The children of Nazi scientists attended El Paso schools for four years at the outset of the Cold War, a fascinating and largely forgotten part of history. Jonna Perrillo’s book “Educating the Enemy: Teaching Nazis and Mexicans in the Cold War Borderlands” is a long overdue exploration of a key moment in El Paso and world history.

This University of Chicago Press book is gripping in large part because Perrillo, an associate professor of English education at the University of Texas at El Paso, centers both the German children brought to the United States after the end of World War II, and the Mexican American children who were attending El Paso schools at the same time.

Put simply, the German children received vastly better treatment and a superior education than their Mexican American counterparts. As Perrillo makes clear, this disparity was driven by a history of white supremacy that diminished – and continues to diminish – Black and Mexican American children.

That the children of Nazi scientists benefitted from American white supremacy is chilling, if unsurprising to those familiar with our country’s history.

A photo that appeared alongside the article “Democracy’s Children” in a Sept. 5, 1948, issue of Rocky Mountain Empire Magazine, a supplement of The Denver Post. (Courtesy of Jonna Perrillo)

As World War II ended, the United States and the Soviet Union raced to capture German scientists who had helped build the Nazi war machine, particularly its missile program. The U.S. government conducted its efforts through a program dubbed Operation Paperclip.

The crown jewel of the U.S. effort was the Nazi team, led by Werner von Braun, who had developed the V-2 rocket, the first long-range guided ballistic missile. Von Braun and his fellow scientists would go on to play key roles in building both the U.S. military ballistic missile system and the National Aeronautics and Space Administration program that would lead to landing man on the moon.

Shortly after the war, U.S. officials began bringing the German rocket scientists to Fort Bliss to continue their work. Starting in 1946, they were allowed to bring their families.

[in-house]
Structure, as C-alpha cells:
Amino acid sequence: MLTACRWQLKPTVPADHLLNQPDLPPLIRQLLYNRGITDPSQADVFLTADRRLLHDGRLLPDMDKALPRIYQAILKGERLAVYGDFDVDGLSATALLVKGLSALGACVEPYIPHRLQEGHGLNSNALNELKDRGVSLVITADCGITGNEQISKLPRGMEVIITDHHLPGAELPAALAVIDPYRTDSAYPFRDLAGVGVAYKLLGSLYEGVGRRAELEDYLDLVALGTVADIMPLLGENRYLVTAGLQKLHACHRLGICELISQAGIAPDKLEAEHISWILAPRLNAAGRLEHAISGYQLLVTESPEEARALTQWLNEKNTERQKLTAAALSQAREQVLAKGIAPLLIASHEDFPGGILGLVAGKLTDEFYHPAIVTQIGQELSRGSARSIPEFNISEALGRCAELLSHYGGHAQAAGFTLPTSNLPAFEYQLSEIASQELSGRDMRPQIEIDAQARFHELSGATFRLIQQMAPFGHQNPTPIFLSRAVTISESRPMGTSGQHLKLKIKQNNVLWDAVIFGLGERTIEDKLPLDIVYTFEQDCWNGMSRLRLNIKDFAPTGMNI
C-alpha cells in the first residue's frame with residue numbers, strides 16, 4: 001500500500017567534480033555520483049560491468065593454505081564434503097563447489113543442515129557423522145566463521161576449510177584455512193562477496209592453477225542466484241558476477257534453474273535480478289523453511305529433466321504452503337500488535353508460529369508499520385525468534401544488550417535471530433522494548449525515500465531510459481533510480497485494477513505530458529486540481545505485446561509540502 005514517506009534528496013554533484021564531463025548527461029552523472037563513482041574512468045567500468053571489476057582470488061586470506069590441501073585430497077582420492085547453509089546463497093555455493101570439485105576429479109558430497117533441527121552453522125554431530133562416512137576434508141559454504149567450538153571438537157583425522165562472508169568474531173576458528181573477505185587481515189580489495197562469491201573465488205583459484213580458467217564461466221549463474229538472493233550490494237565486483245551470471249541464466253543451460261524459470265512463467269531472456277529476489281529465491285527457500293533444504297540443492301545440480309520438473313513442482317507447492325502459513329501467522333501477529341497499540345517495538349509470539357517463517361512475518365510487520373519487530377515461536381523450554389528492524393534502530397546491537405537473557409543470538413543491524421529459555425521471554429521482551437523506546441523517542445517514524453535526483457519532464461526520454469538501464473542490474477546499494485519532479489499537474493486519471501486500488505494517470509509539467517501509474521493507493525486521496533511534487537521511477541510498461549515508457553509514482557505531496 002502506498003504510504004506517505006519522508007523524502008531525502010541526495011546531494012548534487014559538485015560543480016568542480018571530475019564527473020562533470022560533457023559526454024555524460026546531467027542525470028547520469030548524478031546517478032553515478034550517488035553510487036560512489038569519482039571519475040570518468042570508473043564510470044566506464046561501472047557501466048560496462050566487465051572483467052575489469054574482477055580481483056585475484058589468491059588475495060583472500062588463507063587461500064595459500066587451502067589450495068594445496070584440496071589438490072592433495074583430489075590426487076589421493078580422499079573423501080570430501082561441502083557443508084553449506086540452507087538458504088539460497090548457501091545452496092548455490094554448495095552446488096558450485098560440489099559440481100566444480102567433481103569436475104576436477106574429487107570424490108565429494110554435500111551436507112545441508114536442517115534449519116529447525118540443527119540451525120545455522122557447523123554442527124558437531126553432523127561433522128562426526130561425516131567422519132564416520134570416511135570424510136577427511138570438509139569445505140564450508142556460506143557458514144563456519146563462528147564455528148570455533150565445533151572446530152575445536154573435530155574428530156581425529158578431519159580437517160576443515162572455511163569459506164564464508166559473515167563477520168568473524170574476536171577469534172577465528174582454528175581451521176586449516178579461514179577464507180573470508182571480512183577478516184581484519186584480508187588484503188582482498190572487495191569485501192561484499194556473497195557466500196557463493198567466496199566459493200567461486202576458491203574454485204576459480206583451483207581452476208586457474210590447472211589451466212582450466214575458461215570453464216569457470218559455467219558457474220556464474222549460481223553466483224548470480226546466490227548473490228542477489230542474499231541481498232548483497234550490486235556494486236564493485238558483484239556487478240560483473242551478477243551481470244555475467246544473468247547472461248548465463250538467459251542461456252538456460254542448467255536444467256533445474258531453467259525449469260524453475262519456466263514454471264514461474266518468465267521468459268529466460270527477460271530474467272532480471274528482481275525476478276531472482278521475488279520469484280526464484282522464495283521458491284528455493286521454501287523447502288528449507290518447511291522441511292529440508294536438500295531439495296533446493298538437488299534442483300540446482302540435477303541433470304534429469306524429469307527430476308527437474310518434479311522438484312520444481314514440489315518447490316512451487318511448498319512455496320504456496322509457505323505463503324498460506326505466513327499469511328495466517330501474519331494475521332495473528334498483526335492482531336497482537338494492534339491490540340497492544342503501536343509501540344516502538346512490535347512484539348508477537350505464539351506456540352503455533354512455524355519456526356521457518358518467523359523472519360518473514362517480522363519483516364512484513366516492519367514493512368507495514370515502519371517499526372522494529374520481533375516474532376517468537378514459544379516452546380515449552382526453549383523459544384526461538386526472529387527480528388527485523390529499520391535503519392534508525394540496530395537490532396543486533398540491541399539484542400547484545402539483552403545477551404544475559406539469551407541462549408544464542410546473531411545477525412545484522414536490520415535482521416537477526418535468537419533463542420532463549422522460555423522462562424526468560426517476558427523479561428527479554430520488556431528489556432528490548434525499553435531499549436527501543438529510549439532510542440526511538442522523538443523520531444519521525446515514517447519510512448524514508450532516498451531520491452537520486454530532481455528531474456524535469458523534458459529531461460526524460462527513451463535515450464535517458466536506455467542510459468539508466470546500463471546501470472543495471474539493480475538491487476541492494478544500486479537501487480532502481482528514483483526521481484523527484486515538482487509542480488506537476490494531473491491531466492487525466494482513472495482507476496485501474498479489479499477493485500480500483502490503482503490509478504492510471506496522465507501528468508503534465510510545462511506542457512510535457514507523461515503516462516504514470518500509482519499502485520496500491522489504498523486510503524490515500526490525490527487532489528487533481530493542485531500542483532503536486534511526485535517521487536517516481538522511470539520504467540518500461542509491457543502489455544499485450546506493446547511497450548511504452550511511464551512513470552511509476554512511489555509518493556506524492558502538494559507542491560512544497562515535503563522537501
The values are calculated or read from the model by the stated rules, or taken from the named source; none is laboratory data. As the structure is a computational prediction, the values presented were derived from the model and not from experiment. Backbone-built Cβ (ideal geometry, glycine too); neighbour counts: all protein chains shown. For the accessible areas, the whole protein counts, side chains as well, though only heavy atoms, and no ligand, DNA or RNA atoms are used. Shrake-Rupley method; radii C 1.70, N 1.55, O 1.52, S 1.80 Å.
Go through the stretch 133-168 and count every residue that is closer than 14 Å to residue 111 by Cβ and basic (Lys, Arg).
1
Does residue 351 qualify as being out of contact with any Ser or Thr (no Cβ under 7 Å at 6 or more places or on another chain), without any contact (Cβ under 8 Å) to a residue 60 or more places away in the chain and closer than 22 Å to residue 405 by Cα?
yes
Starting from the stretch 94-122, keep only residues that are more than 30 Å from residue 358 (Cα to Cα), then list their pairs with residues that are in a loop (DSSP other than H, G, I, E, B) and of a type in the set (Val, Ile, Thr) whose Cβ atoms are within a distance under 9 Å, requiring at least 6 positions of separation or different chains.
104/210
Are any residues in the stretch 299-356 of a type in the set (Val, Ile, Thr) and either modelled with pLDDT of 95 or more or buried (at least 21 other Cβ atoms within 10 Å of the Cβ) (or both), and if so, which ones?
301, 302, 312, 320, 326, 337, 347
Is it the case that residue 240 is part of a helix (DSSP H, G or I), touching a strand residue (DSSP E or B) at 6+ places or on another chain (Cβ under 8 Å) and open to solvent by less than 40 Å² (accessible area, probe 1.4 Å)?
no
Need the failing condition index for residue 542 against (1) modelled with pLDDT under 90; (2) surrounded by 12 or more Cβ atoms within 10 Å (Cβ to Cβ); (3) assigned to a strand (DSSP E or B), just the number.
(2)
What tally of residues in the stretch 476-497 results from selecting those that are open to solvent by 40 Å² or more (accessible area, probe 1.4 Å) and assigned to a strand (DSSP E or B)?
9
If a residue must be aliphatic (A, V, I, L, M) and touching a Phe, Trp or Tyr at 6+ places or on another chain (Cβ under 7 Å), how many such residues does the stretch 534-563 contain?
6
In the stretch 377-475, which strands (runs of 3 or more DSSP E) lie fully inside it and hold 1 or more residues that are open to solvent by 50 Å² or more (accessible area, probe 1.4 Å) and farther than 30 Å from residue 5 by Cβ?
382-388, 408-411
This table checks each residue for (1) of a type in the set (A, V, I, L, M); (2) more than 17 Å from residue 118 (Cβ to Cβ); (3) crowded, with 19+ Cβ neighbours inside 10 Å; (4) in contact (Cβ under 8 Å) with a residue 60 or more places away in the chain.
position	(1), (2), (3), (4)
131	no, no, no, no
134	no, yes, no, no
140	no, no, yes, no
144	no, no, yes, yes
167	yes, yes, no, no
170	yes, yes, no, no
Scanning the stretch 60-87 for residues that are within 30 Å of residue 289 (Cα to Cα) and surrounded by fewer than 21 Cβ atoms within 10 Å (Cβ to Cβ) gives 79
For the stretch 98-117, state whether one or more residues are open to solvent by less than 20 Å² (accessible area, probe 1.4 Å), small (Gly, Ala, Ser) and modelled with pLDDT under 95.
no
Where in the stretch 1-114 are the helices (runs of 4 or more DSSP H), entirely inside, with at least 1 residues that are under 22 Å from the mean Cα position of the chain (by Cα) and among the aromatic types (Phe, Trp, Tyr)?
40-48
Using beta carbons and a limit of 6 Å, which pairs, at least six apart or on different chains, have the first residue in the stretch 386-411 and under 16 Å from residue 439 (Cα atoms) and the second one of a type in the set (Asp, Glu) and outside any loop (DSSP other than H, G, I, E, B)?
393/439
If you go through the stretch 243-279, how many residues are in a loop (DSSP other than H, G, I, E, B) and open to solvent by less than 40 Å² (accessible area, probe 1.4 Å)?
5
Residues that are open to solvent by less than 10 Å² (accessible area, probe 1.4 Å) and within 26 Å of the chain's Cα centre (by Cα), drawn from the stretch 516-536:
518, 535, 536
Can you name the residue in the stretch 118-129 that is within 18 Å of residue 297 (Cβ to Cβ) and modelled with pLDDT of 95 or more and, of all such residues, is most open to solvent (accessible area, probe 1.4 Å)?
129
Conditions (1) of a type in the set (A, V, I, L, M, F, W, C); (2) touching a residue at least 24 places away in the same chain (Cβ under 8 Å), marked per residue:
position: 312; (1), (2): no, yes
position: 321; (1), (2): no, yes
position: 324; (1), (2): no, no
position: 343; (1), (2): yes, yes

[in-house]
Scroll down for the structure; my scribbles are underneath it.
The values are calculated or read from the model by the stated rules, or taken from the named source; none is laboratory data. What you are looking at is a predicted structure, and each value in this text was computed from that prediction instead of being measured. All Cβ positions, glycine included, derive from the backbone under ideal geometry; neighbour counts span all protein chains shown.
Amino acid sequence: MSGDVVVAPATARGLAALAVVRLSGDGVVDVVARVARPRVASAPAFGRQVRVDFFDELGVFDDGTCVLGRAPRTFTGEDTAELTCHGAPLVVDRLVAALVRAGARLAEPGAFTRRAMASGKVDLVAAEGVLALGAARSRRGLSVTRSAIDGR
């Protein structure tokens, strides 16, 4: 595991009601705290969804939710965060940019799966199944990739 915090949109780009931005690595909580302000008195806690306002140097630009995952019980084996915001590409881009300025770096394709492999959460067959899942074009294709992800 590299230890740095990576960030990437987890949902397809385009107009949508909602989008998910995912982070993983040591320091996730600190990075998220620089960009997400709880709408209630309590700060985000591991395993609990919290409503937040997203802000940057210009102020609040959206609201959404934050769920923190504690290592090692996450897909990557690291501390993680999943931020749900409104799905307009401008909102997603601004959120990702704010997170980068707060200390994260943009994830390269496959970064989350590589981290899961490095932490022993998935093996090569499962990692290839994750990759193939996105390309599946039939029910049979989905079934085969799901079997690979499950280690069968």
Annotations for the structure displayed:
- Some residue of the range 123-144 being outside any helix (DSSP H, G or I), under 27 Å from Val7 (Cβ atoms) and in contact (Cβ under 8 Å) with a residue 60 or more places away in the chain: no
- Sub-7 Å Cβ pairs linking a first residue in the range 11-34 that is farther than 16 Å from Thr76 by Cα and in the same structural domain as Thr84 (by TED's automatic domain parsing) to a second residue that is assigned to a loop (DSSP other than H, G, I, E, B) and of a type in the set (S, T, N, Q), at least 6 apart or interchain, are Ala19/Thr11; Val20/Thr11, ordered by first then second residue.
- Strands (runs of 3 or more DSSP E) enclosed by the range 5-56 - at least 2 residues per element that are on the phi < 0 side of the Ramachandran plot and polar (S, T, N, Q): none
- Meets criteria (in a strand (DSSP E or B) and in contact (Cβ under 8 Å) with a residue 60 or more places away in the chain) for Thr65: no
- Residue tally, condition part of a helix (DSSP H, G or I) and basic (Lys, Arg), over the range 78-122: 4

Eventually,144 children of the German scientists attended El Paso schools,with the largest concentration at Crockett School in what is now Central El Paso.

They entered a school system that was largely segregated – de jure for Black children,and de facto for Mexican American children.

Perrillo’s research skills produce a bleak picture of Mexican American education,a predictable result of the mix of low expectations and even lower investment in children. 

Armed with higher expectations and more resources,the German children quickly mastered English and largely flourished in El Paso schools,until their families were moved to Huntsville,Alabama,in 1950.

“As a group,the Paperclip children served as an affirmation of beliefs about democracy,national identity,and white supremacy in the context of American Cold War politics,” Perrillo writes.

Like all good history books,“Educating the Enemy” is about the present as much as the past. El Paso – like Texas and the United States – has seen numerous advancements over the years,including in the education of Mexican American children. But we have not escaped our past,especially in dealing with our foundational history involving race and ethnicity.

“The symmetries between the present and the Cold War are multiple. Our commitment to pluralism is unclear. We are at best a model of flawed democracy,” Perrillo writes in the epilogue. “Nativism,white supremacy,and the suppression of poor communities hold a visible,violent role in American public culture,incited and nurtured for four years by a presidential administration that disregarded American law and global public opinion. Voter suppression,police violence,and government corruption have become endemic,almost normalized,even as a culture of public protest has thrived alongside the catastrophe.”   

El Paso Matters Book Club discussion

“Educating the Enemy: Teaching Nazis and Mexicans in the Cold War Borderlands,” by Jonna Perrillo,University of Chicago Press,2022.

Available at Literarity Book Shop,5411 N. Mesa. Profits from sale of the books at Literarity go to El Paso Matters.

Copies of the book are also available for checkout at El Paso Public Library branches.

Learn more about the book in a discussion with Perrillo and El Paso Matters CEO Robert Moore at 5:30 p.m. May 23 at Armijo Branch Library,620 E. 7th Ave.;and noon May 24 online.

Sign up here for the in-person conversation May 23,and here for the virtual conversation May 24.